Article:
Sunday August 13, 2017.
At 11 a.m. yesterday I left for Hj. Latiff's house at Bukit Rasah. The "tahlil" was supposed to be at 11, but I had to finish 9 holes first at S.I.G.C. As expected there was plenty of time, because after arriving there I had a full 15 minutes before we were invited into the house for the "tahlil" proper. It was for the departure of some members of the family for the haj, which season ends at the end of this month, the 9th. of Zulhijjah 1348 H.
On Friday morning Wahid called, conveying Hj. Latiff's invitation. I'd said why are you calling, not Hj. Latiff himself, and Wahid laughed. I repeated this to Hj. Latiff when I shook hands with him. When I saw Wahid there later, I said I'm only angry because he didn't call me about Baharin Taib's passing that I found out only a week later, but Wahid said in fact he was in Johor at that time.
Hj. Latiff bin Othman was the personnel officer, Felda, Jalan Maktab, KL, who I reported to on March 15, 1969 upon accepting the offer from "Lembaga Kemajuan Tanah Persekutuan" for the post of "Pegawai Pentadbir" in a letter signed by Kamaruzzaman Abd. Halim b.p. Pengerusi, Lembaga Kemajuan Tanah Persekutuan, dated February 8, 1969 ref. (T) 1/A/1AO. The letter said I was to reply before February 15 whether accepting or not. The pay was $850 a month on the salary scale $850 x 50 -$1,000/E.B./$1,050 x 50 - $1,250/E.B./$1,300 x 50 - $1,500. At that time, since October 1, 1968, I was employed as "Penolong Pegawai Daerah, Alor Gajah" on a 3 - year probation with a monthly salary of $430 per month. L.K.T.P.'s offer was 1.98 times more. I couldn't refuse. Today, of course, this is peanuts - a general clerk starts at almost 1,000 now. But for perspective, in 1968 a brand new Volkswagen (beetle) cost $5,300. A bunglow in Ampang Jaya, KL, cost $15,000! I was 24. I had just graduated from U.M. in the middle of 1968, and although I went for an interview at the PSD, Jalan Young, KL, I failed to get a scholarship to read Law in England. So the Alor Gajah stint, when it came, had to be grabbed. The late Mokhtar Selat, our former ambassador to Chile or Peru ( I can't remember which one - you remember the embassy kidnapping case) also attended the same interview, but he succeeded where I failed.
When Noraya Khalidun came to our table yesterday, I told her that Hj. Latiff's father was related to hers, from Tanjung Ipoh. In fact Hj. Latiff had just told me that, when I said I saw Noraya with the women, but she didn't seem to recognize me. Even Noraya didn't know that, saying she thought his father was from Juasseh. Hj. Latiff's mother was from Rembang Panas, which was where I thought both his parents were from. I know exactly where his old house is, because from 1995 to 1999 I was the State Assemblyman for Senaling, and I pass that location more times than I can remember. Noraya was with me in Seremban for a brief period, in one of my two postings there.
Hj. Latiff started with the Police, but couldn't get used to the social life in the force, and resigned and joined Felda. Yesterday, recalling this, Hj. Latiff remarked if he didn't leave he could have been sacked! Like me, he also went through a few transfers between KL and Seremban, but stayed with Felda to the end. He's 81 now, is mostly wheelchair-bound because of his knees. I remember meeting him a few times in the last couple of years with a walking stick, but was still able to walk then. But unlike me, Hj. Latiff always stayed in Seremban, in this very Bukit Rasah house. In fact he also bought the next house, during the real estate downturn in the 70's. When he was first posted to Felda hq, he would rent a room on top of Hameed's restaurant at Jalan Gurney. I would see his old 122 Volvo parked there. Then he bought a diesel-powered Toyota, when diesel cost 50 sen, and travelled every day from Seremban. In fact many Felda officers drove diesel cars because of the amount of travelling involved.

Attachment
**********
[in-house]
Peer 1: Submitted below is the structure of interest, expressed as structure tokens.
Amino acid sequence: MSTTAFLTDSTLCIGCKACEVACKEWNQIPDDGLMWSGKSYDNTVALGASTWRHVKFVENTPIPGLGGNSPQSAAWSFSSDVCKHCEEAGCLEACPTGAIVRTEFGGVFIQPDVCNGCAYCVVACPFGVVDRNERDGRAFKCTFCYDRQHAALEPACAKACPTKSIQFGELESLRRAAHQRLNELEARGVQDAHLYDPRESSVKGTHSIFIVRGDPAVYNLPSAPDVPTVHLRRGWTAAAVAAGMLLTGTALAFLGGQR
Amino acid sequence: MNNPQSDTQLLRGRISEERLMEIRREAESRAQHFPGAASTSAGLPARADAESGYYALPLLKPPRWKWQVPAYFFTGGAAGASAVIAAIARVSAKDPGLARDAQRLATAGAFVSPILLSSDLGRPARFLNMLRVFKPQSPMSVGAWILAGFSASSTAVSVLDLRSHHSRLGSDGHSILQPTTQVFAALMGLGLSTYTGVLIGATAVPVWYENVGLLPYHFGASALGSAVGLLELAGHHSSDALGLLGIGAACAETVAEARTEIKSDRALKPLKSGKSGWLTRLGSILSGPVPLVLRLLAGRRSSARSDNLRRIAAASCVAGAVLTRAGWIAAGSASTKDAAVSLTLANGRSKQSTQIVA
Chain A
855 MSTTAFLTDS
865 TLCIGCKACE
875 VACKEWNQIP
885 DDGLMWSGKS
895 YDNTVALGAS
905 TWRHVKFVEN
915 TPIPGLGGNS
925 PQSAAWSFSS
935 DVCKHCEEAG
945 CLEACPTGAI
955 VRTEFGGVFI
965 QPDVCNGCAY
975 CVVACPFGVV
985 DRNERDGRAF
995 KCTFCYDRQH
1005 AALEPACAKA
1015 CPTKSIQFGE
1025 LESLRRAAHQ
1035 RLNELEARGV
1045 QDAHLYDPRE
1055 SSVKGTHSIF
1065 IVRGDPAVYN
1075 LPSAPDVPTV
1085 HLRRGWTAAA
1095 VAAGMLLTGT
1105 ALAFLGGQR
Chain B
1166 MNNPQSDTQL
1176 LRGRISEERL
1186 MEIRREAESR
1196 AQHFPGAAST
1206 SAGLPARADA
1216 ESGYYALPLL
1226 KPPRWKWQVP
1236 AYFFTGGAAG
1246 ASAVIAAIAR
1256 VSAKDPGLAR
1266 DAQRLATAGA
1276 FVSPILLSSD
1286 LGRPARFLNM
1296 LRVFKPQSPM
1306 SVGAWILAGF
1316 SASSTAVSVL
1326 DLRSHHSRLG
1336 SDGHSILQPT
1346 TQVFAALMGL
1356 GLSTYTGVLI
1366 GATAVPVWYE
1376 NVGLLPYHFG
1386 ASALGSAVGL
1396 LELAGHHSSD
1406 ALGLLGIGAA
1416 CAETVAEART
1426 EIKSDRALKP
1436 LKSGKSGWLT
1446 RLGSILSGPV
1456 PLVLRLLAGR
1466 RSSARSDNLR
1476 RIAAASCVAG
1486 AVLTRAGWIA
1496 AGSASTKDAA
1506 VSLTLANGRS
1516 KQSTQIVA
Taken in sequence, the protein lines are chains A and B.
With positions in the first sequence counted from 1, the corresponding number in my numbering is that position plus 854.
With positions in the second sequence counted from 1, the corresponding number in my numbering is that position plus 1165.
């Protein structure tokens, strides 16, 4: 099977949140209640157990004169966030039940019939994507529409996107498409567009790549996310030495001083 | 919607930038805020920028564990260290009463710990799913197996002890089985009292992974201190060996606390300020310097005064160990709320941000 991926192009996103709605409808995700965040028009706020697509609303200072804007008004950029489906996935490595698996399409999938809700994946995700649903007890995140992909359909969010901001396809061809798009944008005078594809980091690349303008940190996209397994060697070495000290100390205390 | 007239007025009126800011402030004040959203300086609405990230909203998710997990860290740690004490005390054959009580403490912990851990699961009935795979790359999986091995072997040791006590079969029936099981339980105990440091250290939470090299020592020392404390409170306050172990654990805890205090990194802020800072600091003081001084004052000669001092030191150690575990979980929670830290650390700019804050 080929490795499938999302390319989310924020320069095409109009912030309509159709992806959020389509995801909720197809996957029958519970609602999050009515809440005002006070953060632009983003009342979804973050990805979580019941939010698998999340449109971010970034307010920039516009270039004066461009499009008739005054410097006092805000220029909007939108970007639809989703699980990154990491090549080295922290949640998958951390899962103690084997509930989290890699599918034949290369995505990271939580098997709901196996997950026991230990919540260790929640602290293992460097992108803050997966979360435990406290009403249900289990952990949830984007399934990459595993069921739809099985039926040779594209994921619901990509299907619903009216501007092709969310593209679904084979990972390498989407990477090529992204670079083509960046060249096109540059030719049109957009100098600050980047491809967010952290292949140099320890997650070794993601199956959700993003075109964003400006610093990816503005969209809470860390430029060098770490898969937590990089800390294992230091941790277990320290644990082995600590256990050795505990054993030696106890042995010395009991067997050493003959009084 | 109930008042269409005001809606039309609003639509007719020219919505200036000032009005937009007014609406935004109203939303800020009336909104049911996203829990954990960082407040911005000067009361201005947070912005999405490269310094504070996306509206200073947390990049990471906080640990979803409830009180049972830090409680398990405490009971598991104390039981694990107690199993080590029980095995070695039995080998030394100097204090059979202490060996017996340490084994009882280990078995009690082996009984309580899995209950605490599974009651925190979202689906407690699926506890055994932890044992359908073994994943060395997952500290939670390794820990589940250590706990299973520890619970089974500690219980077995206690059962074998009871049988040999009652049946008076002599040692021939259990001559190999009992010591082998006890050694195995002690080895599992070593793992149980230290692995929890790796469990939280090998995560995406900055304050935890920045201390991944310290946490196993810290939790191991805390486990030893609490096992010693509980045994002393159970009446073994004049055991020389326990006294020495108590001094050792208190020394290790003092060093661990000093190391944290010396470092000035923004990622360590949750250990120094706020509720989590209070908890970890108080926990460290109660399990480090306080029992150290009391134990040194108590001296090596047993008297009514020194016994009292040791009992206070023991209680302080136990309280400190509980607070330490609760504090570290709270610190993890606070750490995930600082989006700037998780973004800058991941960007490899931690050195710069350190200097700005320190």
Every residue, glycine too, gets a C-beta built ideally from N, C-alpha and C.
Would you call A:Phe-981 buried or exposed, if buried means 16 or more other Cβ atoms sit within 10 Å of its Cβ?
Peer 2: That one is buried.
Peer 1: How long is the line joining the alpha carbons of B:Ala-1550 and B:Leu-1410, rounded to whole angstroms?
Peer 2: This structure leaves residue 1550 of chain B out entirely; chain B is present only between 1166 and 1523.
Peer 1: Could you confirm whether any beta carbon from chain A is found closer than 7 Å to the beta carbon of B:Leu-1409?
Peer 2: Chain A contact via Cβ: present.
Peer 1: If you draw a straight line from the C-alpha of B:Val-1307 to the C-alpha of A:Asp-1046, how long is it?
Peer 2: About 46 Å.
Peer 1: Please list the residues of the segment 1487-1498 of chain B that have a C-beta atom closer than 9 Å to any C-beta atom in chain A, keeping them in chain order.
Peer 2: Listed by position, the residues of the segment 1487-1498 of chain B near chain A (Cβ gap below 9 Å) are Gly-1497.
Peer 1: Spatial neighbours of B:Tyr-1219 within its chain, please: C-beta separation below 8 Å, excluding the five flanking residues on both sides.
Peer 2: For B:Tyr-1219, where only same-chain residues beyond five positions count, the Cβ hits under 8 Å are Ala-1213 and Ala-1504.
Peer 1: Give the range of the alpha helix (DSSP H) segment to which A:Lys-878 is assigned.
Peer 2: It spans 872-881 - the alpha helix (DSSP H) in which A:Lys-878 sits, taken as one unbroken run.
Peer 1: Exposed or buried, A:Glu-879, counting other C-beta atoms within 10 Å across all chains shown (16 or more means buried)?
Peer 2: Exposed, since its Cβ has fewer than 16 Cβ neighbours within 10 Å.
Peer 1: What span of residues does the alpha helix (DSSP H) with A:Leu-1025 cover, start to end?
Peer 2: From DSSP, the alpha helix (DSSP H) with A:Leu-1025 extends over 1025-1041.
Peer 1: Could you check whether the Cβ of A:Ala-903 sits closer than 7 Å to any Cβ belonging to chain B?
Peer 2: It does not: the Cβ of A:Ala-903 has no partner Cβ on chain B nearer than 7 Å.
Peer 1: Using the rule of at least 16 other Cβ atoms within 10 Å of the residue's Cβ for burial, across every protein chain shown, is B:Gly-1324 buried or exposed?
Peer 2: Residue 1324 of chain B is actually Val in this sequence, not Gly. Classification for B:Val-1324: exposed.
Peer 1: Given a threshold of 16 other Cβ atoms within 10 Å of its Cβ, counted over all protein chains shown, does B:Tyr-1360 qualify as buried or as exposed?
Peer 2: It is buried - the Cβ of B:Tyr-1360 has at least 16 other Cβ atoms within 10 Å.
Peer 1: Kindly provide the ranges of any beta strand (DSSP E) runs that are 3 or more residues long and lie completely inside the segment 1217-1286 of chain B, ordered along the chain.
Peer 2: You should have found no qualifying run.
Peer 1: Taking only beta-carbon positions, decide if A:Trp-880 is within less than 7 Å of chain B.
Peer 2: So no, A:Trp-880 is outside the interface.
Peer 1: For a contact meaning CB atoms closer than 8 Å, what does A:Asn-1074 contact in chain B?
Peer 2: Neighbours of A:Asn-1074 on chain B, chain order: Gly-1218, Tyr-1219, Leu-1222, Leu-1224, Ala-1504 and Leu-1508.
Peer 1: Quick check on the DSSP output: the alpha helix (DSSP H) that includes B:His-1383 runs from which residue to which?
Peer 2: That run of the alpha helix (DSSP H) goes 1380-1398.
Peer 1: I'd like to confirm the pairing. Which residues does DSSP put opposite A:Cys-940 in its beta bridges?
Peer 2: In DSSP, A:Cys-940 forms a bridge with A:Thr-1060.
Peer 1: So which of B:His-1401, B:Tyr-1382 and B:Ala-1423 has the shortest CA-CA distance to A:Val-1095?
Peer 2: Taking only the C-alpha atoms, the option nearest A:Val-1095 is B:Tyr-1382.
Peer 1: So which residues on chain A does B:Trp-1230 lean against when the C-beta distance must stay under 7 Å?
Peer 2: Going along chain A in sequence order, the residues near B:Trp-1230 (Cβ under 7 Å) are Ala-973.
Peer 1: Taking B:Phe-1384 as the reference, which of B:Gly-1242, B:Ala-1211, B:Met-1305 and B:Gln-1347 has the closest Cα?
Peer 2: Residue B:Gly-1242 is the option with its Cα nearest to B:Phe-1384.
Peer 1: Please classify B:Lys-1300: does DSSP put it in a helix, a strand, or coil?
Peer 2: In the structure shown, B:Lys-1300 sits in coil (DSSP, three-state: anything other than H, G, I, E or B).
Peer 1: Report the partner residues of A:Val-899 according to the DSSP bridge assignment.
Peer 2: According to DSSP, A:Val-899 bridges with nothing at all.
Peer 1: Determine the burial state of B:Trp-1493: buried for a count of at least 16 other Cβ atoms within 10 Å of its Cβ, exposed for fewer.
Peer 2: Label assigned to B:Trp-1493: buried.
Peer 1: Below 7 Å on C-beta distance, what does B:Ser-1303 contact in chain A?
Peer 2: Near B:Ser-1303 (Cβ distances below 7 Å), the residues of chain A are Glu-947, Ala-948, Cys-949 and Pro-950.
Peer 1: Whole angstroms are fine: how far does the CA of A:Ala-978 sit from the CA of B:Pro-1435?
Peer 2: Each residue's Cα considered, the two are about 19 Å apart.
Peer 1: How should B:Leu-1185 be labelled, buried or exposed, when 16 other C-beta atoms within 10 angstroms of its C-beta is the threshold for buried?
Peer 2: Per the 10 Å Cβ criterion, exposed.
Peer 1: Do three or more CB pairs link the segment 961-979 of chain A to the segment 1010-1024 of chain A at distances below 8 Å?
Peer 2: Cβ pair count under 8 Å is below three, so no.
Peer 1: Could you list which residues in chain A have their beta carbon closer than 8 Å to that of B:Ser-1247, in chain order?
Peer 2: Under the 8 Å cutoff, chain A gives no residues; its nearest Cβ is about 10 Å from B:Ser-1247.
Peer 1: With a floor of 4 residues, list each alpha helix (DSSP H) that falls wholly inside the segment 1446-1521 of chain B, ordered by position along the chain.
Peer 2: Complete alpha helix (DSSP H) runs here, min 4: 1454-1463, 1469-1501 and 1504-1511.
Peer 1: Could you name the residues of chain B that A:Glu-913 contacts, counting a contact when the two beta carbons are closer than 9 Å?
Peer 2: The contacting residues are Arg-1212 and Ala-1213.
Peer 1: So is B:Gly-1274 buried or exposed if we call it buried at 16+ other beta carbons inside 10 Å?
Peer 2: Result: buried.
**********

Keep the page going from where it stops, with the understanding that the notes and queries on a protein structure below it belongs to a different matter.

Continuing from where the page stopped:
When I reported for duty at Felda, Halim (rock foundation) and A.K. Bear (Lumumba) were already there, but both left for the MCS after about one year. But surprisingly, unlike many of our contemporaries in that service, neither made it to the Chief Secretary of the Ministry. I met Halim recently at the OPA, and A.K.Bear called me about somebody about 2 weeks ago.
I remember Hj. Latiff's father and younger brother. In 1958 I entered the finals of the oratory competition for "Afternoon Religious Schools, N.S.", held in Rembau. His brother entered the Quran reading competition - his father was a Quran teacher, I think. I won my competition, but I can't remember what happened to his brother. Hj. Latiff also remembers about that competition.
Several people at Hj. Latiff's place, I remembered well enough. But all seemed different, with the white hair and the sagging faces. Sometimes I feel lucky to still have decent health and to still play golf almost daily at the club. Hj. Latiff is a case in point. I told him I met Dollah Yusof at Datuk Sulaiman's reception. He's 77 and has glaucoma in the right eye, but is still walking straight, except he can't drive. But I also met Raja Alias at Fadzil's place, and he's still sprightly at 83, although he's also all white now.
One of the reasons why Hj. Latiff arranged for yesterday's khenduri, Wahid said, was to gather old friends. I think it's the nice thing to do. I wouldn't want to miss these if I can. If invited.